The cell 100 has a central drain contact 130 which occupies an area with a regular n-sided polygonal shape. The drain contact 130 is disposed on a central drain region 125 which is formed in the substrate 105. The central drain region 125 also occupies an area having a regular n-sided polygonal shape. A buried well 140 is provided which extends into the substrate 105 a deeper depth than the drain region 125 (as shown in FIG. 6). The outer boundary of the well 140 is shown in phantom. The buried well also occupies an area having a regular n-sided polygonal shape. Each of the drain 125, drain contact 130 and well regions 140 are centrally located in the cell 100. Illustratively, the drain contact 130 occupies a smaller regular n-sided polygon shaped area than the well 140, which in turn occupies a smaller n-sided polygonal shaped area than the drain region 125.

Surrounding the drain region 125 is a gate 150 which is formed on the substrate over a channel 165 (FIG. 6). Both the gate 150 and channel 165 occupy an annular area with n-sided regular polygonal shaped inner and outer boundaries. Surrounding the annular gate 150 and channel 165 is a source region 135 formed in the substrate 105. Like the gate 150 and channel 165, the source region 135 occupies an annular area with n-sided regular polygonal shaped inner and outer boundaries.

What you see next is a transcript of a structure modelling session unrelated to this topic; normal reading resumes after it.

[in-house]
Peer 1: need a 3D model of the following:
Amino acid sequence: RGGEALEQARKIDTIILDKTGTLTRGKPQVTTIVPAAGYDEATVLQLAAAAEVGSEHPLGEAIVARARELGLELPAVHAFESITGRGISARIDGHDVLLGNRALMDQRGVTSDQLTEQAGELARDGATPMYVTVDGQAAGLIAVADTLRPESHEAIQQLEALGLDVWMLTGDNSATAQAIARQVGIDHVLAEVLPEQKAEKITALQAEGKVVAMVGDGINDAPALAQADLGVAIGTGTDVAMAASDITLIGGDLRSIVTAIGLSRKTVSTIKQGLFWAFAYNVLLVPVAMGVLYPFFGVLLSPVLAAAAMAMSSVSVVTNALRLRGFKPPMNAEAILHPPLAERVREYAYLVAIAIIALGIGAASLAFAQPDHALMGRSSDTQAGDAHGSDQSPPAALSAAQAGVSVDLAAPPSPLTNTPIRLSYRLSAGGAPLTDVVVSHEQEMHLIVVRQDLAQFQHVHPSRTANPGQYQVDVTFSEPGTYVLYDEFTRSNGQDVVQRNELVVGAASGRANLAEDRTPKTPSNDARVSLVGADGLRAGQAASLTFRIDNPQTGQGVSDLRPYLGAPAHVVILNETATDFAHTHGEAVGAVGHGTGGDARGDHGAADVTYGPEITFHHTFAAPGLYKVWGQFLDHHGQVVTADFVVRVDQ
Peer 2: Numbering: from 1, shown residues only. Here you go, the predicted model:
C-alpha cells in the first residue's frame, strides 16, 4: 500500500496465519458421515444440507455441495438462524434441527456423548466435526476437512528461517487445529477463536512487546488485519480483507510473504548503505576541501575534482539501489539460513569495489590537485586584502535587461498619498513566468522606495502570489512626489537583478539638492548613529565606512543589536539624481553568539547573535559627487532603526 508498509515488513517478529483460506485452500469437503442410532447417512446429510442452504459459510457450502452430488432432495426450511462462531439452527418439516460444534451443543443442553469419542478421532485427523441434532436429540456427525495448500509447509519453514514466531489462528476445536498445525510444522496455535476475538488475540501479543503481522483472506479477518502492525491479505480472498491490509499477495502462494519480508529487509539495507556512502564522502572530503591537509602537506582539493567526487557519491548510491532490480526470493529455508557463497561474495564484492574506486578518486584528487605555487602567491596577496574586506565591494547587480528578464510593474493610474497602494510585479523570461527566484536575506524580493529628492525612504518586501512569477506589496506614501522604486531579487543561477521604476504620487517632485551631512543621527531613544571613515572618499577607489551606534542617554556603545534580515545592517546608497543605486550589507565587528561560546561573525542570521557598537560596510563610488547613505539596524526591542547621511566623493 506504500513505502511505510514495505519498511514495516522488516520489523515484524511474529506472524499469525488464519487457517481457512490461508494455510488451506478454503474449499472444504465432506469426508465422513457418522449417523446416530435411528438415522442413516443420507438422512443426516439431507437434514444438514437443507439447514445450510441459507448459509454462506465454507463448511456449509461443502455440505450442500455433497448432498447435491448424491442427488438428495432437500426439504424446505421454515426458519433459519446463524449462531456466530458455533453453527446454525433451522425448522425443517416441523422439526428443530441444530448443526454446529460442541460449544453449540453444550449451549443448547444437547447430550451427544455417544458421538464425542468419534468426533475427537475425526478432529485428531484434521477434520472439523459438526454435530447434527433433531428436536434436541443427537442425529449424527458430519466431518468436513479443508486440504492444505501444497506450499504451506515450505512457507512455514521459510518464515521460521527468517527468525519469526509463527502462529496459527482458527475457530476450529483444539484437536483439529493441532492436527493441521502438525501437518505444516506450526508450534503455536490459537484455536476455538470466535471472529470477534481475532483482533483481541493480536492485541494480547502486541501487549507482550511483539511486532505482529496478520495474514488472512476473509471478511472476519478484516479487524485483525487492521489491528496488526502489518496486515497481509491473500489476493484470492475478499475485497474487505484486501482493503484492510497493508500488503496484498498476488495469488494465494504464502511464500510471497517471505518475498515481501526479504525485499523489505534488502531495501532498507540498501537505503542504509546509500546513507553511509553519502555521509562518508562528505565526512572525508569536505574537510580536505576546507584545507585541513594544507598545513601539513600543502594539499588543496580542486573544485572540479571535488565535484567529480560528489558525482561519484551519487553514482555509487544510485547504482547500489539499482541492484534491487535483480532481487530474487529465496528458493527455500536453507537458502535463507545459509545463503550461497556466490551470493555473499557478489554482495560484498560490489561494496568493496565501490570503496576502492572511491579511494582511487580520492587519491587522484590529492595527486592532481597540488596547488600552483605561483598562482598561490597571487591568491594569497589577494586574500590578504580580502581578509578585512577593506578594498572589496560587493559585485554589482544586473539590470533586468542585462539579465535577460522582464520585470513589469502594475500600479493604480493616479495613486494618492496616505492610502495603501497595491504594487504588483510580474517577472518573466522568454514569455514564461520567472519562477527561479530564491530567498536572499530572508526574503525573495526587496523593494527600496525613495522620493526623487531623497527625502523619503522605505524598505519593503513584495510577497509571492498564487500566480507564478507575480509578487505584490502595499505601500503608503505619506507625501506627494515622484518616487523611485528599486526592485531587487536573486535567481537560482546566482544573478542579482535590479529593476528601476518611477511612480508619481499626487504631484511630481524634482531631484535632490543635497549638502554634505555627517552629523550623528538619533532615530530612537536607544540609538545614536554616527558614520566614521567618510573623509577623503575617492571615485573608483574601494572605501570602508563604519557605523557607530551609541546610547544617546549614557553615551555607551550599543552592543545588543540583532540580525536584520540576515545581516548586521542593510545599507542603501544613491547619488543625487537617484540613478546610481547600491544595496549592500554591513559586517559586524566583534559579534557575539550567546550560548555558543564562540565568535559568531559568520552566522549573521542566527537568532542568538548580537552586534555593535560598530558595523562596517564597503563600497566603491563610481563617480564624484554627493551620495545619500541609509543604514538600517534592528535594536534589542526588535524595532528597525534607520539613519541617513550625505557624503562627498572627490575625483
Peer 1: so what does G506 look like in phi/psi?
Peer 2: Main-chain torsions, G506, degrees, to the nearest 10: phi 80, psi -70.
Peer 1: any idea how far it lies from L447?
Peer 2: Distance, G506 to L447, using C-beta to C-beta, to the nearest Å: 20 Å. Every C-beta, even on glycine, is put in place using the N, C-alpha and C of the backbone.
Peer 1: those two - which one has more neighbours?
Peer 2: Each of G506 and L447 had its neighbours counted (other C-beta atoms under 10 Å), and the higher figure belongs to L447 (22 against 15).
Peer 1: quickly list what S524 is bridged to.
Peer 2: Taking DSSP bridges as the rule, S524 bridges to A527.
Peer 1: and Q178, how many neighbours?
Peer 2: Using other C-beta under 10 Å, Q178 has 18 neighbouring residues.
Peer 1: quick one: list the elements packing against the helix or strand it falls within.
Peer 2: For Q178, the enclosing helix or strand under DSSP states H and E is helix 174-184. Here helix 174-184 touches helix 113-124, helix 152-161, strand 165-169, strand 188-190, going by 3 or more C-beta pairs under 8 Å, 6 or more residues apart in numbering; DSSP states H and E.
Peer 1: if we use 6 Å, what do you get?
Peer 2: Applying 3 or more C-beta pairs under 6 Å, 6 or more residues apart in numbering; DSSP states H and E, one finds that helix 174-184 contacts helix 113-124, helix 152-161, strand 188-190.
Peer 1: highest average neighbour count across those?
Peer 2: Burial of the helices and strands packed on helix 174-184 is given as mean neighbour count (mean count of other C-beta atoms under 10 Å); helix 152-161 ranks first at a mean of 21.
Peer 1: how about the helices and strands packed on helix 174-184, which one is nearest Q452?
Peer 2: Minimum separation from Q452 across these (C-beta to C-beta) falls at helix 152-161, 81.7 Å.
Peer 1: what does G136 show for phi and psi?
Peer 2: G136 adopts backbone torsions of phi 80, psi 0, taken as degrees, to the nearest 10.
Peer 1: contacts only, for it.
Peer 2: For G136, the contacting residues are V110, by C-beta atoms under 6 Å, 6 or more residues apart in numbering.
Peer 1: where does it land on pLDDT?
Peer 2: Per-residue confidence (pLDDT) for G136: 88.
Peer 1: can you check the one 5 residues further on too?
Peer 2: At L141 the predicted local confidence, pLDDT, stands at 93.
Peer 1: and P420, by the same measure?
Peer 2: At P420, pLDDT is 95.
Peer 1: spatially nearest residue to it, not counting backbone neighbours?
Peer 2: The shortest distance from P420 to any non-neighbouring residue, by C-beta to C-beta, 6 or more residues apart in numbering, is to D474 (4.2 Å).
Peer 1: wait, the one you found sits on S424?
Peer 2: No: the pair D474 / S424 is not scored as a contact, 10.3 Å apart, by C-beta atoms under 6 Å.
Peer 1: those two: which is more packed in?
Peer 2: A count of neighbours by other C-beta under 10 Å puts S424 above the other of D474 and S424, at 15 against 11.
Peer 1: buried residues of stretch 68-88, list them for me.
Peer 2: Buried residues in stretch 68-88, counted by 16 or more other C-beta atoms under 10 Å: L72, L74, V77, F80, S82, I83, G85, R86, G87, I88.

Disposed on the surface of the source region 135 are plural source contacts 160. The source contacts 160 are arranged in an n-sided regular polygonal shaped configuration. Surrounding the source region 135 is a substrate contact region 145. The substrate contact region 145 may have an arbitrary area, such as the peripheral area surrounding the cells 100, 100' of a rectangular layout area incorporating plural cells, including the cells 100, 100'. Substrate contacts 170 are formed on the substrate contact region 145. The substrate contacts are illustratively uniformly distributed around the periphery of the cell 100.

FIG. 6 shows a cross-sectional view of the cell 100 taken along the line A-A'. Illustratively, the cell 100 is an NMOS device of an output buffer although the design is equally applicable to a PMOS device and to an ESD protection device. The fabrication of the cell 100 is as follows. First, a photoresist layer is formed on the substrate 105 surface of the cell 100 and is patterned to expose a regular n-sided polygonal shaped portion of the substrate 105 surface in the vicinity of the N-well 140. The N-well 140 is then formed by implanting ions.